Nadeau Bourgeault

  I read a message on the Vintage Race web from Simon Favre which that noted he owned a 1958 Bourgeault Formula Jr., "the oldest car trying to run in CSRG's open wheel group".  I wrote to him that I have a Frazer Nash web site for the postwar models of these cars. One of the Frazer Nash's brought into the US was a Le Mans Replica owned by Jim Lowe, listed in the Frazer Nash records with the following history:

"Bolt on wheels. Spare wheel in boot. Wire wheel conversion in August 1953. Exported to USA. Rebodied in mid-50's by Nadeau Bouregault (sic)."

Noting the "similarity" of these names, I'm asked if he knew any of the  history of his Formula Jr.'s  constructor.  Mr. Nadeau Bourgeault, I've been told,  worked in San Francisco doing custom bodies.  Further, I noted my inquiry to him was "a very long shot..."

Mr. Favre replied:

"Not a long shot at all. There was exactly one Bourgeault in the race car business, and Nadeau was the one. He was a body and fender man by trade. He was an absolute artist in aluminum. He rebodied several cars  as far as I know, but I don't know what happened to them. My car was his first purpose-built race car, and his only Junior. His shop was  actually in Sausalito, CA, north of San Francisco in Marin County. The first shop he had was at Bob Cornish Motors, then he moved elsewhere. Nick Reynolds of the Kingston Trio drove my car, and later went on to take 2nd honors nationally in another Bourgeault running in Formula C.

Bourgeault also worked with Joe Huffaker on the first BMC Juniors, then went off on his own after a falling out. One of the local BMC drivers bought the original body molds from Huffaker. He swears he can see the impressions of rivet heads in the molds. He figures Bourgeault must have done a prototype in Aluminum that Huffaker took the molds off of.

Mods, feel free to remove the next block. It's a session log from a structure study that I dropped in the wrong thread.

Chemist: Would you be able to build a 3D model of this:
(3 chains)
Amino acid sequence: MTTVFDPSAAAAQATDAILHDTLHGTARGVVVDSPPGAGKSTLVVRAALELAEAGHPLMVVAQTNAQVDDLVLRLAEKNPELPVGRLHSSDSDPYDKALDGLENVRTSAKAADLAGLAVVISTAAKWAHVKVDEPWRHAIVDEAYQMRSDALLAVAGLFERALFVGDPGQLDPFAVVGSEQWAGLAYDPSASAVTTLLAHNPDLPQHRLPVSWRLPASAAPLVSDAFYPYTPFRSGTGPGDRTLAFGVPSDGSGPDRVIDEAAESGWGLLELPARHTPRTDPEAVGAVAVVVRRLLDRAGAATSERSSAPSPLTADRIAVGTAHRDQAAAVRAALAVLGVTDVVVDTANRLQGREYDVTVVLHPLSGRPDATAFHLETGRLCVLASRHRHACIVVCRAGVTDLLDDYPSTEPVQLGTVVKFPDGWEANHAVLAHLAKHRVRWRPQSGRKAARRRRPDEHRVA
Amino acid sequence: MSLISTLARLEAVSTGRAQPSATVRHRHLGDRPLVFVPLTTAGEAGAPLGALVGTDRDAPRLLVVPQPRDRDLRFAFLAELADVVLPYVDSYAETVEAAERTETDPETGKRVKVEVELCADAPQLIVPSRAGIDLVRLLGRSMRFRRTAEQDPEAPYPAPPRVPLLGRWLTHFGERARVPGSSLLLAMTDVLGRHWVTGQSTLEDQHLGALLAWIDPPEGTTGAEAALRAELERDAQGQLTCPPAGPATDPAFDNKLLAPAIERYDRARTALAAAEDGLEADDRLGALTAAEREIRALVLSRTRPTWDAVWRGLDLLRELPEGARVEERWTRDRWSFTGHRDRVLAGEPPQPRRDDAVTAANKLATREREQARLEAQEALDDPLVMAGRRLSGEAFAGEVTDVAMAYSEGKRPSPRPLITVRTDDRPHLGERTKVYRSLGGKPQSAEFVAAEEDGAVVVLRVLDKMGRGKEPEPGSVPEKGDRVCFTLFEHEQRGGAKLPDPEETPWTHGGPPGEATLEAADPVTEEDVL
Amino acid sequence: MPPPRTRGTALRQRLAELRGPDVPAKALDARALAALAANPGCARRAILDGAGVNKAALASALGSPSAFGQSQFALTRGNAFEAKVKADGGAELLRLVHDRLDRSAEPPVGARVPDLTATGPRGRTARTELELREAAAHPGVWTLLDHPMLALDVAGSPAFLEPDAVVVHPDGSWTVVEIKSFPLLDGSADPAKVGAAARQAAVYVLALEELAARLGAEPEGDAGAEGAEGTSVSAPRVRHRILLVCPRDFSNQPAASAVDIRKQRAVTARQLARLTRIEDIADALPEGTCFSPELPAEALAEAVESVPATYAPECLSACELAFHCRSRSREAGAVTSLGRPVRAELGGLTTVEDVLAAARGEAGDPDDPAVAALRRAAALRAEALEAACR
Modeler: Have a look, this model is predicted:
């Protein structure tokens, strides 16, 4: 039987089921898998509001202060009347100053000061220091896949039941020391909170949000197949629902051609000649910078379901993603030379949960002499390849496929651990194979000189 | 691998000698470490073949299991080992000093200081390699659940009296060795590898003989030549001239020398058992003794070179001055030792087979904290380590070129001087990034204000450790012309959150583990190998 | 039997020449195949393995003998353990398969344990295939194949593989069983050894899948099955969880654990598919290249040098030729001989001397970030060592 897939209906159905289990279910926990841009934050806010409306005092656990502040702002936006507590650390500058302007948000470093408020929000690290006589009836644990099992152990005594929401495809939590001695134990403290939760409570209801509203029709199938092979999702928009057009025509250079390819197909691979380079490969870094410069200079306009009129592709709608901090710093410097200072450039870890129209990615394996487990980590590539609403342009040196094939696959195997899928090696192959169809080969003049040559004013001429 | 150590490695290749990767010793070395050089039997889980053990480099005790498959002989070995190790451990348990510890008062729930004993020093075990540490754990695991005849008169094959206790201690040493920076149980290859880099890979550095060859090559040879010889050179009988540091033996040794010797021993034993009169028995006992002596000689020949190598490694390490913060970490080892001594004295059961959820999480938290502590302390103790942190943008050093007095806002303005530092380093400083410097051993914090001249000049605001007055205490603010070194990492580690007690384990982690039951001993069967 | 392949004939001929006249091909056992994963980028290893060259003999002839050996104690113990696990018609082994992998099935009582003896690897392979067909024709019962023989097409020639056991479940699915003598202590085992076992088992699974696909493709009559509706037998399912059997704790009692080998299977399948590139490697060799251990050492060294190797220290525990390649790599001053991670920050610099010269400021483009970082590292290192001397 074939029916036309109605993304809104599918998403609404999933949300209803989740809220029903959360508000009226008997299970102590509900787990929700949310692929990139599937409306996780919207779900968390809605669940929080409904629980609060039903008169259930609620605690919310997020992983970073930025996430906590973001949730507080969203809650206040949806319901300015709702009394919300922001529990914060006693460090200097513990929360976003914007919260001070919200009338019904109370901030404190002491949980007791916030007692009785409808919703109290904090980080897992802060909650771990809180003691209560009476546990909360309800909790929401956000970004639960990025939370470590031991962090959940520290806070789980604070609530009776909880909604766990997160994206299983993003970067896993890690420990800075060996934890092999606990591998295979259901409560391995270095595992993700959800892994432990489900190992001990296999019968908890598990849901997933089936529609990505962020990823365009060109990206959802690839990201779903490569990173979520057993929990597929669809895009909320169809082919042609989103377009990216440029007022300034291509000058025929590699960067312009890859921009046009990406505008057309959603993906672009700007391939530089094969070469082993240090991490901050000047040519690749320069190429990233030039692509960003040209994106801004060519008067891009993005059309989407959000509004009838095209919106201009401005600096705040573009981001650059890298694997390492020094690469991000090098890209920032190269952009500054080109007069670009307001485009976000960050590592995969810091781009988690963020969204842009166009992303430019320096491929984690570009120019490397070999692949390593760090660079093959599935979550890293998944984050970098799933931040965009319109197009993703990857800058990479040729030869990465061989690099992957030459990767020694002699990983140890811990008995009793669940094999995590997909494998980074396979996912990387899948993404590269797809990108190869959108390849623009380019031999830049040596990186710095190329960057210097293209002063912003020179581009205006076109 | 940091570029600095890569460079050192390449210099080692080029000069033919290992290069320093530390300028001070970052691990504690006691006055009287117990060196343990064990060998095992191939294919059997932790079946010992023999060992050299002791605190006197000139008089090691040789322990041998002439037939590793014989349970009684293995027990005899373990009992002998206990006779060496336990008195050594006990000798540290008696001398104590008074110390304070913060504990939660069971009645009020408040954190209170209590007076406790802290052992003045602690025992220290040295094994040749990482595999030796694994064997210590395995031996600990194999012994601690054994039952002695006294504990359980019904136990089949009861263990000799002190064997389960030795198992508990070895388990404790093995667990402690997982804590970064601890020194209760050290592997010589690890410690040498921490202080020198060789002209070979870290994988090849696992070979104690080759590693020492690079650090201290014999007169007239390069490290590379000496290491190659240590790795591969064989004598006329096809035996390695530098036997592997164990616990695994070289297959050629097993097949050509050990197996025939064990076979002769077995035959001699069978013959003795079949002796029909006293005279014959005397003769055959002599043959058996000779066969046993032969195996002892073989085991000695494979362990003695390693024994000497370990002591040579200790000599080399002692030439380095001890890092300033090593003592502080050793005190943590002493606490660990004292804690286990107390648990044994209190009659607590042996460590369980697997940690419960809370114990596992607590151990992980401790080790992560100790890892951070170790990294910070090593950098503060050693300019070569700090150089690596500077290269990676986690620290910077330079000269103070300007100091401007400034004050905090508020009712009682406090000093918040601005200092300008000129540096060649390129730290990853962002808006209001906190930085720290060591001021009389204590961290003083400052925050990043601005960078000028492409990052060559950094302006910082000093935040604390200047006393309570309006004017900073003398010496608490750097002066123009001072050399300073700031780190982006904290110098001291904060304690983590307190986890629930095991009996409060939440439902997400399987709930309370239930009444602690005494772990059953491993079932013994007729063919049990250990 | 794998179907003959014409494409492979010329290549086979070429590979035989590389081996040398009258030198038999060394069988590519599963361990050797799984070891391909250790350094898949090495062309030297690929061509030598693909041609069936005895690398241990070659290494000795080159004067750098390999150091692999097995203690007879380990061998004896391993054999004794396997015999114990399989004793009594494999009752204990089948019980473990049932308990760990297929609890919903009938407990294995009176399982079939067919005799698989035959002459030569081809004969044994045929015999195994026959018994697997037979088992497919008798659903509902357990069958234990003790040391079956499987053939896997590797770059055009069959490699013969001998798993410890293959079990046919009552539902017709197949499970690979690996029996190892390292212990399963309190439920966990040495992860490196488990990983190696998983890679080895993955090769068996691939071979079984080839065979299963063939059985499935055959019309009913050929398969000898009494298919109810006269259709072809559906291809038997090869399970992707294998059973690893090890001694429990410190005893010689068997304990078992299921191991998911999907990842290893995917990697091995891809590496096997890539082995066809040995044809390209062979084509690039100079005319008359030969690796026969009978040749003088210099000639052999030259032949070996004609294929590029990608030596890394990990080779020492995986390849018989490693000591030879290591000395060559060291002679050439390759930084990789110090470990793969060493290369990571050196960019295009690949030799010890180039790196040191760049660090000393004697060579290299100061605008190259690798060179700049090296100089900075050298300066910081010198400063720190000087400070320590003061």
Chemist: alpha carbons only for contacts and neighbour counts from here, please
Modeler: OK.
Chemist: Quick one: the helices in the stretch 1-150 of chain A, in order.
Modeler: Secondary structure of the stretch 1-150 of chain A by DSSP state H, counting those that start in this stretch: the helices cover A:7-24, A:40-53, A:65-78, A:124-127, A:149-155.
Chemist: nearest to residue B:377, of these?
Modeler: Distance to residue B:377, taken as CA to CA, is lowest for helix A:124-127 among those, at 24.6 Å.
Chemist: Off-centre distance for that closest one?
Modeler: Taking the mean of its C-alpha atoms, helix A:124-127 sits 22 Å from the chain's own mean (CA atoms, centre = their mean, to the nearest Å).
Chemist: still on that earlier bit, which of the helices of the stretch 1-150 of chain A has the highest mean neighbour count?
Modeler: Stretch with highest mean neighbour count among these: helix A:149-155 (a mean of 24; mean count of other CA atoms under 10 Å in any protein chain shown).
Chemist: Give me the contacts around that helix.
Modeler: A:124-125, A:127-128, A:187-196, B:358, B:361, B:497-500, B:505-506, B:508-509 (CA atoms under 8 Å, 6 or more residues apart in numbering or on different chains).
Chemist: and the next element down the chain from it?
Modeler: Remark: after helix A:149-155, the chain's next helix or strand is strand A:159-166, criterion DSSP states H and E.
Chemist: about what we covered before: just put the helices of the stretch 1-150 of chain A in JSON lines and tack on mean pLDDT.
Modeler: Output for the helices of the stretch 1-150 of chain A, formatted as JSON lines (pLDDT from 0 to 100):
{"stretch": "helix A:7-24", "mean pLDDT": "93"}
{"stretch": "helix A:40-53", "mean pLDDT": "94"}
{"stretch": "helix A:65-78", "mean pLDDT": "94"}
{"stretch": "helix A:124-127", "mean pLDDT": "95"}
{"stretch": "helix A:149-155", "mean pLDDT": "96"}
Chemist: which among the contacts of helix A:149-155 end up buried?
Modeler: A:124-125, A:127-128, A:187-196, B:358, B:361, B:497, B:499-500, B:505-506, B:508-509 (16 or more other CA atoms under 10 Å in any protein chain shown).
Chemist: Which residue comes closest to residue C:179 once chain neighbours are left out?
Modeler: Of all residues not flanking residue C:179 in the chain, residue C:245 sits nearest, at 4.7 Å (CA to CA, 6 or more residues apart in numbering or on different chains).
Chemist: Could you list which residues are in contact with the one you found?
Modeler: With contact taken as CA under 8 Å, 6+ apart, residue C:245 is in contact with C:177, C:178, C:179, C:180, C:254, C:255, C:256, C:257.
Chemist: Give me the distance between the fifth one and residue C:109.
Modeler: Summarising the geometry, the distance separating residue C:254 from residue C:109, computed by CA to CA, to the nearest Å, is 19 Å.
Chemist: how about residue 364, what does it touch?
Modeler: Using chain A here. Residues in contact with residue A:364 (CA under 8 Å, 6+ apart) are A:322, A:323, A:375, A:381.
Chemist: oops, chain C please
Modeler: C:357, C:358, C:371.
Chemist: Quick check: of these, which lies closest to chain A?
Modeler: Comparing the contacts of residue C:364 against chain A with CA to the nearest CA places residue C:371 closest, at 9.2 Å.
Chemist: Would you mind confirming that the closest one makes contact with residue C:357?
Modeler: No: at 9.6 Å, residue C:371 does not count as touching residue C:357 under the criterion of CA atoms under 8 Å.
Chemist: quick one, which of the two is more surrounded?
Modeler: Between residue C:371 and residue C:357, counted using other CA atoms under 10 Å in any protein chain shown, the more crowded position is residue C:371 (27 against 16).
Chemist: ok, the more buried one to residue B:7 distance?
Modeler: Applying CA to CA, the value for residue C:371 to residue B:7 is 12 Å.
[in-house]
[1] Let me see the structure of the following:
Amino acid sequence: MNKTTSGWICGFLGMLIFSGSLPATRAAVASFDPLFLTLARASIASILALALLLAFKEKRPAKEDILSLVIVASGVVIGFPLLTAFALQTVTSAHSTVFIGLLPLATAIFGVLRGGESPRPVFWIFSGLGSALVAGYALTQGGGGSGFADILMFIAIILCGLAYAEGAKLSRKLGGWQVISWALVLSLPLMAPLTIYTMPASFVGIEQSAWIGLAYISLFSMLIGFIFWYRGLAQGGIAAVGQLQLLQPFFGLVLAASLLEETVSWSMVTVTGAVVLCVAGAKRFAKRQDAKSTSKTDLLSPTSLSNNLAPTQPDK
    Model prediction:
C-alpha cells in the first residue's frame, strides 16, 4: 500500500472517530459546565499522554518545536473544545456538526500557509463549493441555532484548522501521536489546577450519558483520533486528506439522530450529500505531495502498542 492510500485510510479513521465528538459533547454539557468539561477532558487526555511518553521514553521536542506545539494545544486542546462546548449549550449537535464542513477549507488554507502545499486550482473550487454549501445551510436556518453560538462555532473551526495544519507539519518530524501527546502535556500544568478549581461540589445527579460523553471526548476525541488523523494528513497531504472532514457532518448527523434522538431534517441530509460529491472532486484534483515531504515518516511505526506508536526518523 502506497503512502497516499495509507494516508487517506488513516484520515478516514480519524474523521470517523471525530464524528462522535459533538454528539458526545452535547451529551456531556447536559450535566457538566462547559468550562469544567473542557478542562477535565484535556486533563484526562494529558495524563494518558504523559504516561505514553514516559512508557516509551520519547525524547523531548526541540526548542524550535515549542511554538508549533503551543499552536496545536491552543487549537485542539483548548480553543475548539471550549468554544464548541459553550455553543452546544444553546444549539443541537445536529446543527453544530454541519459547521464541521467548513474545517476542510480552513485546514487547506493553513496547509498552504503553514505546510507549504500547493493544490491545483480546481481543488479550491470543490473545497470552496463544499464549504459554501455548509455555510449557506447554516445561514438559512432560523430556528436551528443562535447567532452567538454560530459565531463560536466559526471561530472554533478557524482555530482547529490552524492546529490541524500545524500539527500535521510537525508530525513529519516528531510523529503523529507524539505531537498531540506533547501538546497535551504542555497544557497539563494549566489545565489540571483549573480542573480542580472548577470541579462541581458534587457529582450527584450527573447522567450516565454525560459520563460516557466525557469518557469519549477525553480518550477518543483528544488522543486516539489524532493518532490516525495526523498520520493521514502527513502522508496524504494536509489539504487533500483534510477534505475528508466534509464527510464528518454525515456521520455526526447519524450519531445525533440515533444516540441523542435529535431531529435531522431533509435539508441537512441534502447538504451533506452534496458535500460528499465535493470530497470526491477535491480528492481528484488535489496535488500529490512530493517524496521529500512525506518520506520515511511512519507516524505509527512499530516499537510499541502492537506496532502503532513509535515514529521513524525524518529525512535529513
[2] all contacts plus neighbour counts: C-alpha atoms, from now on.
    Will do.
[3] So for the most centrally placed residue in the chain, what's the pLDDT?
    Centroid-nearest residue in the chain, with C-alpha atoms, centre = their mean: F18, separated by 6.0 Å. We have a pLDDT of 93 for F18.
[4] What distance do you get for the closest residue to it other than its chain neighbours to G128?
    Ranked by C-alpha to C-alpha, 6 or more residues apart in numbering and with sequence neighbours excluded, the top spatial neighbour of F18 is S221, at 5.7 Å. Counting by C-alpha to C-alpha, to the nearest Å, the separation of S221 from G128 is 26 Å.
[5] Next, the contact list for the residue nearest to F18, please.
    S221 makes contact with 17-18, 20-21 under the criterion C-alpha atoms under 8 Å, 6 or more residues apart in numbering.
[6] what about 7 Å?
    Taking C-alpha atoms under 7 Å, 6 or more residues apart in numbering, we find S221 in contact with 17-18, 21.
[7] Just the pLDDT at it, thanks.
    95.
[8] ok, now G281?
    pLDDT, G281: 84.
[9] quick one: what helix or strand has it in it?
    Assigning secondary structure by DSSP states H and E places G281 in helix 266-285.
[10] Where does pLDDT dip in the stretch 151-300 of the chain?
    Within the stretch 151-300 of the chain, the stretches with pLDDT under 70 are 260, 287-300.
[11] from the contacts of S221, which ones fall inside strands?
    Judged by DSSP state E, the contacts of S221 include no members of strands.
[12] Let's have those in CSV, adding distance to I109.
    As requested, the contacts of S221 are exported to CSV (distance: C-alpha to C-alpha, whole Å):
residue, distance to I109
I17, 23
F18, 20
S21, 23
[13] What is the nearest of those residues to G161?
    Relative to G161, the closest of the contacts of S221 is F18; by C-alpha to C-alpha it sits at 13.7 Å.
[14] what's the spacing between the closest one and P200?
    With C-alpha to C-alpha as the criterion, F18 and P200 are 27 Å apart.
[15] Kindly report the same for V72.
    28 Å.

There is a strong similarity in the shape of the hole in the nose. Nadeau passed away in 1974, after a heart attack. 2 or 3 of his other cars and some of the original plans burned up in the Oakland Hills fire some years back. The only other Bourgeaults extant that I know of are one Formula B car that was in Reno for a long time, and a sports racer currently being restored. The B is about ready to make an appearance according to its current owner.  For a picture of the Bourgeault Formula Junior, see:

FYI, one of the Bourgeault sports racers was fitted by its owner with a BRM F1 engine! The car was subsequently destroyed. I don't know if the driver survived.

Cheers, Simon"

I thanked Simon for this great slice of history! I corrected the spelling of the special-bodied Lowe Frazer Nash to "Bourgeault" on the Frazer Nash web pages. I can't recall the exact source of my misspelling, but the name appears as "Bourebault" in an old anthology, "Sportscar Specials".

In December 2006, I received further information on this sports racer from Edwin Marshall:

On your website you wrote, "FYI, one of the Bourgeault sports racers was fitted by its owner with a BRM F1 engine! The car was subsequently destroyed. I don't know if the driver survived."
Yes, the driver survived just fine.  His name was Alan Ladder (sp?)  That particular car was possibly the most beautiful late 60's under 2 liter sports racing car every built.  Absolutely stunningly gorgeous.
The F-1 motor was built up by the factory as a 2 liter.  At the time they had taken the 1.5 liter F-1 V-8 engine out to 2.2 liter for the Tasman series (off season down under races, 2.5 limit- Jim Clark, Graham Hill, Bruce McLaren, Brabham and locals etc).  The 2 liter version was the under 2 liter sports racing class offshoot.  No, the owner did not fit the engine. 

The car was designed by Bourgeault around the engine using a Hewland F-1 (Gurney type) gearbox.  As I remember it had McLaren wheels.

It only raced a few times before being written off in a crash.  I do remember at its weight (approx. 950lbs empty?) and with the BRM, it would hold the  Can Am cars of the time in a straight line up to well over the 150mph range.  It was REALLY FAST, REALLY BEAUTIFUL and unfortunately, really short lived.

Then more in February, 2007 in response to my inquiry about the Bourgeault cars: